Build a buried manifold with valves turned by water meter key. Include a fire hose outlet just in case.

Begin filling the tanks, unsure how long it will take as the pump balances available sunlight and spring flow.

François Marier: OpenSUSE 15 LXC setup on Ubuntu Bionic 18.04

15 June, 2019 - 10:15

Similarly to what I wrote for Fedora, here is how I was able to create an OpenSUSE 15 LXC container on an Ubuntu 18.04 (bionic) laptop.

Setting up LXC on Ubuntu

First of all, install lxc:

apt install lxc
echo "veth" >> /etc/modules
modprobe veth

turn on bridged networking by putting the following in /etc/sysctl.d/local.conf:

net.ipv4.ip_forward=1

and applying it using:

sysctl -p /etc/sysctl.d/local.conf

Then allow the right traffic in your firewall (/etc/network/iptables.up.rules in my case):

# LXC containers
-A FORWARD -d 10.0.3.0/24 -m conntrack --ctstate RELATED,ESTABLISHED -j ACCEPT
-A FORWARD -s 10.0.3.0/24 -j ACCEPT
-A INPUT -d 224.0.0.251 -s 10.0.3.1 -j ACCEPT
-A INPUT -d 239.255.255.250 -s 10.0.3.1 -j ACCEPT
-A INPUT -d 10.0.3.255 -s 10.0.3.1 -j ACCEPT
-A INPUT -d 10.0.3.1 -s 10.0.3.0/24 -j ACCEPT

and apply these changes:

iptables-apply

before restarting the lxc networking:

systemctl restart lxc-net.service
Creating the container

Once that's in place, you can finally create the OpenSUSE 15 container:

lxc-create -n opensuse15 -t download -- -d opensuse -r 15 -a amd64

To see a list of all distros available with the download template:

lxc-create -n foo --template=download -- --list
Logging in as root

Start up the container and get a login console:

lxc-start -n opensuse15 -F

In another terminal, set a password for the root user:

lxc-attach -n opensuse15 passwd

You can now use this password to log into the console you started earlier.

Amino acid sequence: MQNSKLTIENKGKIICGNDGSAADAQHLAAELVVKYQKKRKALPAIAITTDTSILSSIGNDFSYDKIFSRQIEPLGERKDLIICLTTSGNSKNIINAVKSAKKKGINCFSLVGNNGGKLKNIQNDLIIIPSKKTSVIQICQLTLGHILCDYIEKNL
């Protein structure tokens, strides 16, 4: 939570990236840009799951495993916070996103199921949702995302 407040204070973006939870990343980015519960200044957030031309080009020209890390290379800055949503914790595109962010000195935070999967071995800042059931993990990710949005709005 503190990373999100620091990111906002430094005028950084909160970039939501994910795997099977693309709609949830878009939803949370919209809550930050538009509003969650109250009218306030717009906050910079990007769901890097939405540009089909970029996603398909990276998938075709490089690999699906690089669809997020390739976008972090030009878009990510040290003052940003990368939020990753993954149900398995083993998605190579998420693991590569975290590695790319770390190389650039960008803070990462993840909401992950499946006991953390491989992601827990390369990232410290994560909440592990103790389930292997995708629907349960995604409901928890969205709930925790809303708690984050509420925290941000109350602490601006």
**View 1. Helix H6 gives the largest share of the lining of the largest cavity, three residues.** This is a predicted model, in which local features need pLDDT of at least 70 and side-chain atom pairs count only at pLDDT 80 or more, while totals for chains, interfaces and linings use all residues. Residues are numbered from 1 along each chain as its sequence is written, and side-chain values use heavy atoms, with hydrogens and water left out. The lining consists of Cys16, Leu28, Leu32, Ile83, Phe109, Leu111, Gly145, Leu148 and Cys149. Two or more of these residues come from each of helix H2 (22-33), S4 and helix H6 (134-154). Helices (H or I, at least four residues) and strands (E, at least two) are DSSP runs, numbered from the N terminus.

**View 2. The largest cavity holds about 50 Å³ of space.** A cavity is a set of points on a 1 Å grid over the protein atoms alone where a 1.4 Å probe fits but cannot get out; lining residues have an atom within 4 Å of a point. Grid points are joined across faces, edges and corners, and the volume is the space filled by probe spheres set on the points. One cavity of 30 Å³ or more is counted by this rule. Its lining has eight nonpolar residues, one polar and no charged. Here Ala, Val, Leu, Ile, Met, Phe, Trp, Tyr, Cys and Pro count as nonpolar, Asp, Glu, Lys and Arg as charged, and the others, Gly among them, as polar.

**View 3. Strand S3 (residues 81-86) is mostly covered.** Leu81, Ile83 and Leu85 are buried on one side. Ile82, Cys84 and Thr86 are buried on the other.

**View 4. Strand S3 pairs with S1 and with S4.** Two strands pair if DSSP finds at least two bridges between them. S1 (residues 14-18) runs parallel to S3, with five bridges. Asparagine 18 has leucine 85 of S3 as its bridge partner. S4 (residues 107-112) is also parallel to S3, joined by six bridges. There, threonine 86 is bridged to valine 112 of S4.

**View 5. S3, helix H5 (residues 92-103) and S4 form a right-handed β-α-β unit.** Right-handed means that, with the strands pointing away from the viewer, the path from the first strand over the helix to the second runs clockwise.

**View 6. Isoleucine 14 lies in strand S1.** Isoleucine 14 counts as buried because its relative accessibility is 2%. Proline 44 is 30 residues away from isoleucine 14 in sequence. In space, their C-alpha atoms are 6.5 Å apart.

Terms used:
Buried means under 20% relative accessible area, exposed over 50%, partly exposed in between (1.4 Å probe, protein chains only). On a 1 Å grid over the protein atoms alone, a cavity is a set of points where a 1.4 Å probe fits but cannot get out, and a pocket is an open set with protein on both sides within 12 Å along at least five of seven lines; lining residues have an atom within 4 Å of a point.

Logging in as an unprivileged user via ssh

As root, install a few packages:

zypper install vim openssh sudo man
systemctl start sshd
systemctl enable sshd

and then create an unprivileged user:

useradd francois
passwd francois
cd /home
mkdir francois
chown francois:100 francois/

and give that user sudo access:

visudo  # uncomment "wheel" line
groupadd wheel
usermod -aG wheel francois

Now login as that user from the console and add an ssh public key:

mkdir .ssh
chmod 700 .ssh
echo "<your public key>" > .ssh/authorized_keys
chmod 644 .ssh/authorized_keys

You can now login via ssh. The IP address to use can be seen in the output of:

lxc-ls --fancy

Eddy Petri&#537;or: How to generate a usable map file for Rust code - and related (f)rustrations

15 June, 2019 - 07:24
Intro
Cargo does not produce a .map file, and if it does, mangling makes it very unusable. If you're searching for the TLDR, read from "How to generate a map file" on the bottom of the article.
MotivationAs a person with experience in embedded programming I find it very useful to be able to look into the map file.

Scenarios where looking at the map file is important:
  • evaluate if the code changes you made had the desired size impact or no undesired impact - recently I saw a compiler optimize for speed an initialization with 0 of an array by putting long blocks of u8 arrays in .rodata section
  • check if a particular symbol has landed in the appropriate memory section or region
  • make an initial evaluation of which functions/code could be changed to optimize either for code size or for more readability (if the size cost is acceptable)